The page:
The strategy must also include an appropriate and profitable pricing model for each vertical.

For instance, pay-as-you-go pricing with separate roaming rates might fit the connected car market while healthcare services might require a subscription model. Digital signage service might command a premium for peak-hour, low-latency bandwidth and discount off-peak bulk updates.

Each strategy must address device, service and data security, which have already emerged as critical concerns for IoT customers and an opportunity for provider differentiation.

For example, high-value assets such as diesel generators, windmills and ATM machines require strong physical security, perhaps enabling the provider to bundle surveillance with device telemetry.

An Example of B2B Focus

Many providers will find B2B verticals appealing as market entry points. Governments across the globe are stimulating these verticals with smart city mandates and earmarked funding. For example, the United Kingdom already spends nearly $50 million dollars on the IoT and India’s central government has announced it will grant $1.6 million for each of up to one hundred smart cities. The demand for smart utilities and buildings is expected to take off from their current revenues of $240 billion and $50 billion, respectively.

To complement their existing geographic coverage, CSPs have other core competencies that add value to a total IoT solution. They have sophisticated, highly scalable billing and customer support systems to help deliver a quality customer experience. CSPs also routinely deploy remote asset monitoring and reporting to network operators and customers. By reusing this capability, CSPs can help smart infrastructure owners specify and track key performance indicators (KPIs) and key quality indicators (KQIs) to optimize asset performance and maintenance costs.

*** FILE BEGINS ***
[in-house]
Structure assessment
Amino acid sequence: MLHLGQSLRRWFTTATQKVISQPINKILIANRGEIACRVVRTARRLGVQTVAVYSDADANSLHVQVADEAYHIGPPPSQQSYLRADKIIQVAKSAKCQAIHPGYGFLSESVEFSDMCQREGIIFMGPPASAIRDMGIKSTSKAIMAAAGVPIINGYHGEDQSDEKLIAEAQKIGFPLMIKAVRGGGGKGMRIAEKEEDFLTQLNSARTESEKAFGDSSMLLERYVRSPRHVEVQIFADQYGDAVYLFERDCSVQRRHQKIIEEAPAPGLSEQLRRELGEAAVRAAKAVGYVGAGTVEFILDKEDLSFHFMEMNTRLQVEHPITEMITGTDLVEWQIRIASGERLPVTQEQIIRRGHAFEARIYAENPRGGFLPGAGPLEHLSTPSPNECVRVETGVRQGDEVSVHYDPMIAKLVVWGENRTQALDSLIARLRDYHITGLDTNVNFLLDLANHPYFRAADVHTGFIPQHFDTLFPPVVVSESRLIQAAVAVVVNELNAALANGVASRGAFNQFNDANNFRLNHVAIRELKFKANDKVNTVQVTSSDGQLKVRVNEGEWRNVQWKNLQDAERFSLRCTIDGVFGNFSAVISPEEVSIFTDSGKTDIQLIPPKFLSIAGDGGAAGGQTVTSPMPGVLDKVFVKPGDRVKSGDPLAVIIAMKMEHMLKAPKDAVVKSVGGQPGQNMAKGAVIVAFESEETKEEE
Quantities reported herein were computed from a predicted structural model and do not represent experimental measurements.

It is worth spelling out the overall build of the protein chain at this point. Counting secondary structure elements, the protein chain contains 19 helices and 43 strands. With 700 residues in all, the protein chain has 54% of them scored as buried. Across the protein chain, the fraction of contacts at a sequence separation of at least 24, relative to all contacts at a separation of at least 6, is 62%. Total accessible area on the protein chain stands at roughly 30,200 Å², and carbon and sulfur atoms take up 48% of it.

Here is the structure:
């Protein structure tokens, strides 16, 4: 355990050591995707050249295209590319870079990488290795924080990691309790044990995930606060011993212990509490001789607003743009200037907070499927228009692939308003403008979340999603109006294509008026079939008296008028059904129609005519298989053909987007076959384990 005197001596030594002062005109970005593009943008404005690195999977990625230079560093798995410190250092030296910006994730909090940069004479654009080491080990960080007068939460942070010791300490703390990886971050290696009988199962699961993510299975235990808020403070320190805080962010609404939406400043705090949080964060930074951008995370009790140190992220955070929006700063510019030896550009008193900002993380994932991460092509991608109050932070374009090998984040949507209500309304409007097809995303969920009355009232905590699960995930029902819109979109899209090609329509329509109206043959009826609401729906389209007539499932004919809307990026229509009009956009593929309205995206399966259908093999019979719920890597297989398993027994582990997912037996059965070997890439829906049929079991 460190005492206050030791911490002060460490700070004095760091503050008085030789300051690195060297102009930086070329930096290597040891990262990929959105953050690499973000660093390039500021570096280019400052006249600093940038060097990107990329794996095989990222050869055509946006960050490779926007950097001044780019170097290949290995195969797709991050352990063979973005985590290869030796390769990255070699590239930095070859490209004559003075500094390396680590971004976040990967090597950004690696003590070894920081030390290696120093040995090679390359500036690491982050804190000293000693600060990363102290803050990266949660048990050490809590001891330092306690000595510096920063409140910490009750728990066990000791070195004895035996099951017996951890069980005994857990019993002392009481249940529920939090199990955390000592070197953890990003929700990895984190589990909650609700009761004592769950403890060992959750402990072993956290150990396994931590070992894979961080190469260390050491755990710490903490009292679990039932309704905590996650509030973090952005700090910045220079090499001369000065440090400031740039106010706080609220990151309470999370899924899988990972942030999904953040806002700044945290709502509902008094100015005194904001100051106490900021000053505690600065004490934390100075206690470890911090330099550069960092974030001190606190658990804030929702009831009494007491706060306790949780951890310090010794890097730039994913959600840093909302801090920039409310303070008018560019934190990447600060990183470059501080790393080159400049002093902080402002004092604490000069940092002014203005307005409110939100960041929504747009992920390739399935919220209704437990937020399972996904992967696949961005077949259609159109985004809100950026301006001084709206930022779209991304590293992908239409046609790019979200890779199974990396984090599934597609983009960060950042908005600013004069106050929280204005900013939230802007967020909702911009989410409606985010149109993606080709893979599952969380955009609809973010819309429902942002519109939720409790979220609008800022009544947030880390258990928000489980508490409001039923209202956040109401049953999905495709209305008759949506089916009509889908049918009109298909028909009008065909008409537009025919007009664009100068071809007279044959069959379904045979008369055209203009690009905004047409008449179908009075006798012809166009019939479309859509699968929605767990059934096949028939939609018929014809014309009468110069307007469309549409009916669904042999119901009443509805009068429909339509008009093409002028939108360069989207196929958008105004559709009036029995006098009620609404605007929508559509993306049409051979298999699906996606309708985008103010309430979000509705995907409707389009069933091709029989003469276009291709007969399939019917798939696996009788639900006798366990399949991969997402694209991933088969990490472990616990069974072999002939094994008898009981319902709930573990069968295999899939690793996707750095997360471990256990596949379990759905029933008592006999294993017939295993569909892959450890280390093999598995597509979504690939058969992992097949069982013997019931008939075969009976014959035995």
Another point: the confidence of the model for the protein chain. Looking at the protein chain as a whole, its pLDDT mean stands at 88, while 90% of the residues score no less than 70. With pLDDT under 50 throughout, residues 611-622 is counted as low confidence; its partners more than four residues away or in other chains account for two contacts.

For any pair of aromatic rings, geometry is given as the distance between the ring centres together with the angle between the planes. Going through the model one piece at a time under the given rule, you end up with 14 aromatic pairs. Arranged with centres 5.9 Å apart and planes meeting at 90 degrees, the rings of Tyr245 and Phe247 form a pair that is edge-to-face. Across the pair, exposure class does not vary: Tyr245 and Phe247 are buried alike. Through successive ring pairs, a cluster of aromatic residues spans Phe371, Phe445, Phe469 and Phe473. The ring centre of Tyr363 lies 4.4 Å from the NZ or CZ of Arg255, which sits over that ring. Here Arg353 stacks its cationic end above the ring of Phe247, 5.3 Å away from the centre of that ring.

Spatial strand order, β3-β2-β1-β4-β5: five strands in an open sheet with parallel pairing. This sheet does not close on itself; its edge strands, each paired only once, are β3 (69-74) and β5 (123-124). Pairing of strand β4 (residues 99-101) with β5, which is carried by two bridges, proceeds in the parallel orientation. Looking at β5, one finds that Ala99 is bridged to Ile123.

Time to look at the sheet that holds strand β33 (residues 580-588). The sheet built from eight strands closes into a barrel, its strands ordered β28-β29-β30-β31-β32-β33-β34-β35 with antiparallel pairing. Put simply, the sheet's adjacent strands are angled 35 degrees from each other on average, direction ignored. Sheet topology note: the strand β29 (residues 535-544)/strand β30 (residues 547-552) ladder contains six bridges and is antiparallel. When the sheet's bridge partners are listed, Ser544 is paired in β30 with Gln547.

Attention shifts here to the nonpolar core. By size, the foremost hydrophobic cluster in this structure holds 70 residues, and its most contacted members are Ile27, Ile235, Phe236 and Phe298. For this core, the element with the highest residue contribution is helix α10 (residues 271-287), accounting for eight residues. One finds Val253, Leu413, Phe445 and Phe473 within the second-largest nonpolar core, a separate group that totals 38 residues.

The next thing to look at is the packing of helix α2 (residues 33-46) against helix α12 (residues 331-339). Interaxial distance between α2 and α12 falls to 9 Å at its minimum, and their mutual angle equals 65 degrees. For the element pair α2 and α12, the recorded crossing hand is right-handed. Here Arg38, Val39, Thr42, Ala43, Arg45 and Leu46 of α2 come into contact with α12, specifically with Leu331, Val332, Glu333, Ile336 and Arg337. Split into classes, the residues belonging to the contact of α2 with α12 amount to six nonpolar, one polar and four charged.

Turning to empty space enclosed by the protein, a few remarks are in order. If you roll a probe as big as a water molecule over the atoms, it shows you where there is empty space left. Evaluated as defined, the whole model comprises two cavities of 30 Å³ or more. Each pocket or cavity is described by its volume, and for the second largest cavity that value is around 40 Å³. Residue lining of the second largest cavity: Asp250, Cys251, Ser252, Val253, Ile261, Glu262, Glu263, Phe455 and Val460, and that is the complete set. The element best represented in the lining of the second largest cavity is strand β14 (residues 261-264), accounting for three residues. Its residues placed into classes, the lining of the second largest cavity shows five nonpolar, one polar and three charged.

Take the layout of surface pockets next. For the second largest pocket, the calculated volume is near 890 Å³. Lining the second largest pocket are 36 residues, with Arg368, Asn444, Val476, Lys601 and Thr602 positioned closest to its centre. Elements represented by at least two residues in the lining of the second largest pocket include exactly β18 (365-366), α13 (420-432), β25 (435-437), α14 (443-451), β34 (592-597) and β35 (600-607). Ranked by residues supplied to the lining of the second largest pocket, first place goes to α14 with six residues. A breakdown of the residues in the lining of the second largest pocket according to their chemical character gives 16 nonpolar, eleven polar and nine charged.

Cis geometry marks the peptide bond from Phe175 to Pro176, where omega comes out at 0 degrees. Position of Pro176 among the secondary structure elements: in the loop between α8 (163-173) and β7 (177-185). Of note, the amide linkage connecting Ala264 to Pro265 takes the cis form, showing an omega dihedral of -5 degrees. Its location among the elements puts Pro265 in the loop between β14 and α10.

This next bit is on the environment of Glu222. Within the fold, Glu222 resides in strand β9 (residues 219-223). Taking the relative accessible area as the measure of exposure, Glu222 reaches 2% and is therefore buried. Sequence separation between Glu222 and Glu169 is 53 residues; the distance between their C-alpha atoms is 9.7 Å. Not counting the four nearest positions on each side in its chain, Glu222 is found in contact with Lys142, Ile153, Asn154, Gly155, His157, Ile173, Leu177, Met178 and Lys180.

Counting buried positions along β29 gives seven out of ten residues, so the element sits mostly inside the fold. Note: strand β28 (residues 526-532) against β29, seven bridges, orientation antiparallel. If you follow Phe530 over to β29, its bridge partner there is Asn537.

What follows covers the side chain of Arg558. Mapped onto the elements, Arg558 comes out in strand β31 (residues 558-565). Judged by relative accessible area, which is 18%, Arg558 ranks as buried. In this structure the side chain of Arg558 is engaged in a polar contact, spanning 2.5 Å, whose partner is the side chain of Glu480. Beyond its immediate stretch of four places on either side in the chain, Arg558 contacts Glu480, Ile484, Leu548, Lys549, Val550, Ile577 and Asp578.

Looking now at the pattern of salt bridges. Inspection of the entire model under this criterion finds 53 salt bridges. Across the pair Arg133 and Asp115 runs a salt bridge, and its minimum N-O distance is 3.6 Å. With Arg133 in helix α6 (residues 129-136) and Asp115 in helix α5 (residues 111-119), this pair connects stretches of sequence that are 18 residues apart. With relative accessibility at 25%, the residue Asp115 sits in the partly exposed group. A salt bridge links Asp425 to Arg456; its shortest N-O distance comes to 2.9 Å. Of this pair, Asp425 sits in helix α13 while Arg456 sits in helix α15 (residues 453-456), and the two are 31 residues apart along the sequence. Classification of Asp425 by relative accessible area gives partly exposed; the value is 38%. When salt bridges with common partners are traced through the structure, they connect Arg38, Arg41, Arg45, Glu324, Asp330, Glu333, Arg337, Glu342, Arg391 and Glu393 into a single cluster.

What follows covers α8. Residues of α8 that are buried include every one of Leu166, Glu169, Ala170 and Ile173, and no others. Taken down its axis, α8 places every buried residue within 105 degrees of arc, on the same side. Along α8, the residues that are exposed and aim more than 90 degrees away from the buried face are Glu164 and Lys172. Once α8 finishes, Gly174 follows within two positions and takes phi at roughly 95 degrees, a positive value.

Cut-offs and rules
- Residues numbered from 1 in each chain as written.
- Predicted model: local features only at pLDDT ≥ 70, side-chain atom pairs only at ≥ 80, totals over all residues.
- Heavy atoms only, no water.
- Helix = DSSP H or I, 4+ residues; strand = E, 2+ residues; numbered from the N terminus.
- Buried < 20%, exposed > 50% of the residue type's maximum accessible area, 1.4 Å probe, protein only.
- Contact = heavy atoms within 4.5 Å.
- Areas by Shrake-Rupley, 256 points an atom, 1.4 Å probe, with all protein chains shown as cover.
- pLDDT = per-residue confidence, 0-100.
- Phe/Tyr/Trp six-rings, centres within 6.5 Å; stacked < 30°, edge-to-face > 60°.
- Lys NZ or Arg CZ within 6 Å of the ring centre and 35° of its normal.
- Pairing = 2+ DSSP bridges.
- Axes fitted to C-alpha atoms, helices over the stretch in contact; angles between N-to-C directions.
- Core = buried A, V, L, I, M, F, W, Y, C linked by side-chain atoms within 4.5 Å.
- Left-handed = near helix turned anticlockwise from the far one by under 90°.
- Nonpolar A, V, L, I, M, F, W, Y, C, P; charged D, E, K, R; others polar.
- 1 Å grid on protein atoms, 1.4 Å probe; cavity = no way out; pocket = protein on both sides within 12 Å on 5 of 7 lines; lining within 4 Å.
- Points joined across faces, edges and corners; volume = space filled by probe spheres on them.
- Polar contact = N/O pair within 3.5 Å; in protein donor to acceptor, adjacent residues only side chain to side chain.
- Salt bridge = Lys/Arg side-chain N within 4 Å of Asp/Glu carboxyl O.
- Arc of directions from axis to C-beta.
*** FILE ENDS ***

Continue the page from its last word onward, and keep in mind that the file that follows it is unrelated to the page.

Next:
As these applications proliferate, demand for innovation will grow. A simple, subscription-based pricing strategy might be sufficient for smart infrastructure IoT. However, in these applications, high availability and security are critical, giving the providers the strategic advantages of their operational expertise and trusted reputations as reliable infrastructure suppliers. As mentioned above, the high device value of smart infrastructure creates opportunities to bundle additional security monitoring features such as physical access control and surveillance.

Execution Challenges

Once they decide on a strategy, CSPs face many technical and business challenges to build IoT operations around their existing networks. End-to-end solutions will require seamless IoT device integration with the cloud. A scalable security solution must be architected, including real-time traffic flow auditing.

The market is fragmented. As yet, there are very few standards that enable an open ecosystem. CSPs will need IoT platform and solution partners to accelerate execution, drive innovation and promote convergence across their ultimate market scope.

On the marketing side, CSPs must both establish their brand and build a strong partnership network within their targeted ecosystem. This might include B2B infrastructure owners, car manufacturers or consumer appliance OEMs. To do so, they must clearly articulate their vision of their role in the value chain.

With well-defined strategies and execution leadership, CSPs have an opportunity for financial metric redemption in the IoT, projected to be the next wave of data services. Their strategic assets are substantial, but the market needs leaders now.